While the three-strikes-rule may be considered a good idea by most rightsholders, ISP's say that they end up paying the lion's share of the costs associated with such systems. According to this TorrentFreak report, ISPs in New Zealand claim that they end up paying upwards of 76 percent of the costs.
Last year a "three-strikes" system (Copyright [Infringing File Sharing] Amendment Act ) was put into effect in the country to deal with file-sharers spreading copyrighted material around.
But in July it was revealed that few notices were sent out because it costs $25 NZD (or $20 USD) per notice and rightsholders couldn't stomach the price. The movie industry sent out no notices at all and asked that the price per notice be cut.
RIANZ (Recording Industry Association of New Zealand) was a little more productive, sending out 2,766 notices between October 2011 and April 2012. The music group also asked for warning notice costs to be cut to around $2 each. But because the ISP's have to do all the work, they want even more money. One ISP asked that the price be increased to NZ $104 (approx $83) to cover costs.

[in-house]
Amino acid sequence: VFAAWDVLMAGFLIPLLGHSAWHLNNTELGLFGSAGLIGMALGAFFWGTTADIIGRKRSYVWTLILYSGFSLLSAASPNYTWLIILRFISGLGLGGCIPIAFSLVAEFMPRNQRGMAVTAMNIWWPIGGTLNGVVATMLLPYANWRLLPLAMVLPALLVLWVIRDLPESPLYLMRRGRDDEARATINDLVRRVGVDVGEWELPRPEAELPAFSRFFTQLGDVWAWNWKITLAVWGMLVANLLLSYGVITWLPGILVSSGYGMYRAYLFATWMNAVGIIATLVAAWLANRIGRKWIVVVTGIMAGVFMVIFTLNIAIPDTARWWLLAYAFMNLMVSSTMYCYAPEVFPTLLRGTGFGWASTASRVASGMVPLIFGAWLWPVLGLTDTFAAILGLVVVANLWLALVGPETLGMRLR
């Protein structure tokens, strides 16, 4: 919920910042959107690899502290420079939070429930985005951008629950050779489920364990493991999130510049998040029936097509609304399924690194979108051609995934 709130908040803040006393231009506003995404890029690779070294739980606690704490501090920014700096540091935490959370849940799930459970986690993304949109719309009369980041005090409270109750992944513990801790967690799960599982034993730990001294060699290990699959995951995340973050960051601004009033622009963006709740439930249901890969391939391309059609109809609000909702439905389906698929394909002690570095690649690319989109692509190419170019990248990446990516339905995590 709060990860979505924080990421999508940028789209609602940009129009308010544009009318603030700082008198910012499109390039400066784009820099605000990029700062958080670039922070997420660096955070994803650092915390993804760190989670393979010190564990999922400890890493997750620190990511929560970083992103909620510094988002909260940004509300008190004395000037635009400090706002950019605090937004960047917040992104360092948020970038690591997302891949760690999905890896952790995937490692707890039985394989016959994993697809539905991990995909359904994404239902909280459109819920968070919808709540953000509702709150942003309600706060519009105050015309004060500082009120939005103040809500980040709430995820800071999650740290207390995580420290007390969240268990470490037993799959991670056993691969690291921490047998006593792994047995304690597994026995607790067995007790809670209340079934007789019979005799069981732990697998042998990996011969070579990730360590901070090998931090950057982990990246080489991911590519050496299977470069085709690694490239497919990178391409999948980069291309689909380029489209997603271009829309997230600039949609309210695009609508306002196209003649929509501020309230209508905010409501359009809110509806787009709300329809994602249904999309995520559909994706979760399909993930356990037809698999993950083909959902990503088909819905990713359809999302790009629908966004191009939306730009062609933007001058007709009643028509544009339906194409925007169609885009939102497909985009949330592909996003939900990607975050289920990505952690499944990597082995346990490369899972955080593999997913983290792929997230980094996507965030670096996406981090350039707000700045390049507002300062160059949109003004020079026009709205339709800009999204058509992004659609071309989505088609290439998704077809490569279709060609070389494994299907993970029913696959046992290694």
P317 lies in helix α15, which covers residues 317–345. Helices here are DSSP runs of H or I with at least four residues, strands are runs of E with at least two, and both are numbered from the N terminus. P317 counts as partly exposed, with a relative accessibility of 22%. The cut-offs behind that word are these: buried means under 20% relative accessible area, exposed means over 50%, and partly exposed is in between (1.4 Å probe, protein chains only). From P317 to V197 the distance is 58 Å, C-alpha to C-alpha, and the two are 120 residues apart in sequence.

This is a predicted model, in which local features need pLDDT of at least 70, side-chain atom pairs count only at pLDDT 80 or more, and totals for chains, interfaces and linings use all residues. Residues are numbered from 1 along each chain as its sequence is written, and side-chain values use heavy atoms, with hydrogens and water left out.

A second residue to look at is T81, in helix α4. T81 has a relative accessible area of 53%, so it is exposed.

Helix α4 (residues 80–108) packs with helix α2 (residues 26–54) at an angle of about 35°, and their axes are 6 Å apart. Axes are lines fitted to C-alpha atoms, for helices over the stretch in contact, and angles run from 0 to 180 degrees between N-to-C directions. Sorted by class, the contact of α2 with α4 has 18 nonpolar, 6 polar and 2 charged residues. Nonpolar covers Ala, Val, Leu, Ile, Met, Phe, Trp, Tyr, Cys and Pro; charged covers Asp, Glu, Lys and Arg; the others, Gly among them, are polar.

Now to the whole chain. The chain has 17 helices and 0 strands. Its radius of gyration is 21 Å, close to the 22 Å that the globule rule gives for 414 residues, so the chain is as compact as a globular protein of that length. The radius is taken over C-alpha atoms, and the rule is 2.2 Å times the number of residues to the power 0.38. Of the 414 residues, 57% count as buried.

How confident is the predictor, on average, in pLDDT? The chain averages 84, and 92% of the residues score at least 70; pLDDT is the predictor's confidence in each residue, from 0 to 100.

But in a paper issued today by New Zealand Minister of Commerce Craig Foss, all involved in the three strikes system will simply have to deal with the way things are. He also noted that there has been a reduction in the amount of illegal file-sharing incidents because of the new system:
“There has been a significant reduction in the volume of illegal file sharing in the first six months of the regime being in force. This suggests that the level of the fee has not initially prevented the regime from having the desired outcome,” he wrote.
He pointed to a study by Waikato University that found that traffic by P2P applications decreased by more than 50 percent after the legislation came into power last year.
RIANZ agreed with the decline in P2P activity, but put the number at 18 percent. NZFACT said that the number has fallen from 110,000 movie downloads in August 2011 to between 40,000 and 60,000 per month. NZFACT blames the fee of sending out notices for their lack of participation in the system.
Foss went on to say that he would not make the position of ISP's worse by lowering fees.
"While the fee does not allow full cost recovery by IPAPs [Internet Providers], it does allow recovery of an appropriate proportion of their costs, and at a level which appears to be consistent with similar regimes overseas. Lowering the fee at this time would impose an inappropriate level of costs on IPAPs," he said.
The paper also revealed that Vodafone, Telecom, TelstraClear, Orcon and CallPlus spent $919,000 [US$730,000] to set the system up.